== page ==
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It Seems Our Time Has Run Out, Dr. Jones
By Megan Stielstra

It was the week before I was about to elope. I had a twenty-dollar dress from H&M, my best friend was recently ordained at, and there were three cases of Maker's Mark -- we were good to go.

"Except for one thing," Christopher said, "you have to tell him." Christopher, FYI, was my fiance, a fact that still sort of blows my mind. Usually guys like him are: a) Taken, b) Gay, c) Dying, or d) A figment of my imagination. Christopher is none of these things. He's wonderful and smart and "together," -- like, there are goals and shit -- and also he loves kids and puppies in a very non-sappy kind of edgy DIY sort of way. And he always, always does the right thing, even in those moments where the right thing makes you want to stick a fork in your eye -- which just then, was exactly what he was asking me to do.

"I can't," I said. "I can't tell him."

"You have to," Christopher said. "He deserves to know."

In my head I listed every possible out and decided on avoidance. "I'll tell him when we get back," I said, but Christopher shook his head. "This is your last week as a single woman. Get your stuff, we're going now."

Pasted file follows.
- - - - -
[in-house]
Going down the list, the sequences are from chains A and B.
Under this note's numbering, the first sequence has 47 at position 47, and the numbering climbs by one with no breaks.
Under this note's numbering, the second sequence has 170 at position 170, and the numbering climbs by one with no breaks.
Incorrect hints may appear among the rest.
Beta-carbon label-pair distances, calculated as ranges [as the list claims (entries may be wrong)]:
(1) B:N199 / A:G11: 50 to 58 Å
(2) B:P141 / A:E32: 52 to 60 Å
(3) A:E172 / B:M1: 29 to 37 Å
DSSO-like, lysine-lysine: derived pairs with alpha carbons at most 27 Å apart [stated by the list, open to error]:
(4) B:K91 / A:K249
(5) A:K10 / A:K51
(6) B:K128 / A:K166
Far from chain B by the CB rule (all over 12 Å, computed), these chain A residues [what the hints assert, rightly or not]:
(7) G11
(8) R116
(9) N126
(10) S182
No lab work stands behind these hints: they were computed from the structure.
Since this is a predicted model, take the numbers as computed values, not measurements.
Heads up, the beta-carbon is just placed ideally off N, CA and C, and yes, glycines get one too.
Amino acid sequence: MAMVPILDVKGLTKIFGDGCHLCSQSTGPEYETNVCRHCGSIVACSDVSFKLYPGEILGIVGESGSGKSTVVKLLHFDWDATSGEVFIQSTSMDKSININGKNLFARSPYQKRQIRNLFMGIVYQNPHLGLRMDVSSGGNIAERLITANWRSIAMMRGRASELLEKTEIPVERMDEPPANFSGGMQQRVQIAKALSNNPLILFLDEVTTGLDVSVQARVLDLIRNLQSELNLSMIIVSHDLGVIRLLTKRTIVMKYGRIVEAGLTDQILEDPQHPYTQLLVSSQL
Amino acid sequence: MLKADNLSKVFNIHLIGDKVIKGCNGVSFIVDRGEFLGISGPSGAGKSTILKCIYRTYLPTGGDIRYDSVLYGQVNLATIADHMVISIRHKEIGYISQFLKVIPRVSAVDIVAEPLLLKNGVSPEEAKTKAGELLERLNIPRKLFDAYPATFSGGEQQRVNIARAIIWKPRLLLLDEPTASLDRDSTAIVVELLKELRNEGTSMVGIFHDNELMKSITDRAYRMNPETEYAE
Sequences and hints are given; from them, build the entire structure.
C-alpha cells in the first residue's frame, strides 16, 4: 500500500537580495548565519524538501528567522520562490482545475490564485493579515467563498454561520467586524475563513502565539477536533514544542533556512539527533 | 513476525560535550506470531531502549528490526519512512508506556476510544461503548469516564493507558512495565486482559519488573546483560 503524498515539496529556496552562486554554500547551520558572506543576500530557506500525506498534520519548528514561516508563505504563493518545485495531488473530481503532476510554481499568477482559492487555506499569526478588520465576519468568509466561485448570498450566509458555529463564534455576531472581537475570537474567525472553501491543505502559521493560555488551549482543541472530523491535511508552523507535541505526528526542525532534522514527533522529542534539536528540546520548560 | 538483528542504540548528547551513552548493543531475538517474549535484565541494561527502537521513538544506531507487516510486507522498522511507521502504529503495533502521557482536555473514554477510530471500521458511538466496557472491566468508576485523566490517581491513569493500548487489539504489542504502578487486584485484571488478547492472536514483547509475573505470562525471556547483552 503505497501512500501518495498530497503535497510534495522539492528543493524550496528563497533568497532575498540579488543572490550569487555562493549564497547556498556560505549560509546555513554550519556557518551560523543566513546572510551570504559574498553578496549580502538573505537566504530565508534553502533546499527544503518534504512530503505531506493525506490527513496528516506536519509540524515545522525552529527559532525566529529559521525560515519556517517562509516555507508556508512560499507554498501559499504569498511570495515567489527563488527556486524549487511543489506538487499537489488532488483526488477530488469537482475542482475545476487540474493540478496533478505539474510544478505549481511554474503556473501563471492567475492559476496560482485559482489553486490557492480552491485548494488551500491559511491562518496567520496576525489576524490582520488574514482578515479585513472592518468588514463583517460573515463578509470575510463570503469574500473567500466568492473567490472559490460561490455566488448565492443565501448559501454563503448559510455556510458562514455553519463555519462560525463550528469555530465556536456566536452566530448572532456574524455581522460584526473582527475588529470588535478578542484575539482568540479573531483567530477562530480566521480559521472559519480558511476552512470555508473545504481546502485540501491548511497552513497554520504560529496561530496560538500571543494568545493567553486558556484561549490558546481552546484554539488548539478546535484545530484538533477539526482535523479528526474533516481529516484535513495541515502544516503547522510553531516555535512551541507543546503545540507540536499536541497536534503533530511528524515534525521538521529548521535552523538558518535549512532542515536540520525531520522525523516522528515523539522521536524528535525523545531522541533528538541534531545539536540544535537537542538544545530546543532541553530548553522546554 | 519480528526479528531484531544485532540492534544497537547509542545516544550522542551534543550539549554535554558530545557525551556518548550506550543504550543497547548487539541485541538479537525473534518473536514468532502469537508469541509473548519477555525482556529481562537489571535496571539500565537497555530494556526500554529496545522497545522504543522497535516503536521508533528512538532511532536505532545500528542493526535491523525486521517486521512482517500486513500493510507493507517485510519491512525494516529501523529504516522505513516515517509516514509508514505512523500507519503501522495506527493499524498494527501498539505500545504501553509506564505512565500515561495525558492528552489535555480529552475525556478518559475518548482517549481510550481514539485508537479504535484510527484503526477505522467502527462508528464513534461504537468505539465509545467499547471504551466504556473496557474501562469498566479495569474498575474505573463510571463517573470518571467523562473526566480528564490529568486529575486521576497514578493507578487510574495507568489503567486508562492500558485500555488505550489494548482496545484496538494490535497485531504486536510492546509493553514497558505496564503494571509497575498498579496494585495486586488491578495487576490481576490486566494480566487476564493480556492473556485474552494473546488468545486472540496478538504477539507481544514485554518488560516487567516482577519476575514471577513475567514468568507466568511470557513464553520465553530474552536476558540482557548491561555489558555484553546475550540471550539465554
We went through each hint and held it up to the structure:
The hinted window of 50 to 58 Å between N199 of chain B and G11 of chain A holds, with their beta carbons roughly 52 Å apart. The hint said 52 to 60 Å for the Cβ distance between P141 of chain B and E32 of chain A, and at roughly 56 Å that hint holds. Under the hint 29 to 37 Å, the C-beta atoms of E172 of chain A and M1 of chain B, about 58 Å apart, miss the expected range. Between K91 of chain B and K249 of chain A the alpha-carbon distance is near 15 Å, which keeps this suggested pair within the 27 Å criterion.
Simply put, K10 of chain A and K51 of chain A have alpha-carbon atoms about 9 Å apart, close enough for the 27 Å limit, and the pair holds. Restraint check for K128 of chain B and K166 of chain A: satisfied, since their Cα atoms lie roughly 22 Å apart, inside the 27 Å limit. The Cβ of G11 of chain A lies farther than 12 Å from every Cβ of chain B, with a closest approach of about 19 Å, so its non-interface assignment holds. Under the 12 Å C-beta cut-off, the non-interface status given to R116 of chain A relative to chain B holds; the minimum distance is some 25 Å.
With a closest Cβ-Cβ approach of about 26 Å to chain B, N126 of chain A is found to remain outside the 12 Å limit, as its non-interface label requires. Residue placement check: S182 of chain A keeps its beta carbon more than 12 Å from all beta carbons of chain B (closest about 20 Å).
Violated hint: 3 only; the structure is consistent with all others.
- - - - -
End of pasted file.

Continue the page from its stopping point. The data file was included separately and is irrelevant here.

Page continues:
He dropped me off at the Music Box, this beautiful old movie theatre on Southport that only shows classics or arty stuff. It was built in the '20s, I think -- really ornate architecture with this huge, red velvet curtain over the screen. I found a seat near the front and tried to calm down. There was a grapefruit sized knot in my chest, one part fear and two parts guilt. We'd been together for so long, twenty years almost, and here I was, showing up out of the clear blue sky to say, "I'm sorry, but I just don't need you anymore." I suddenly wondered how he'd react: he is a pretty unpredictable guy, after all. Would he snap his whip around my waist and refuse to let me go? Would he jump on a camel and track Christopher across Chicago? Or would he do something drastic, like look into the Arc of the Covenant until his skin boiled off and he eventually exploded?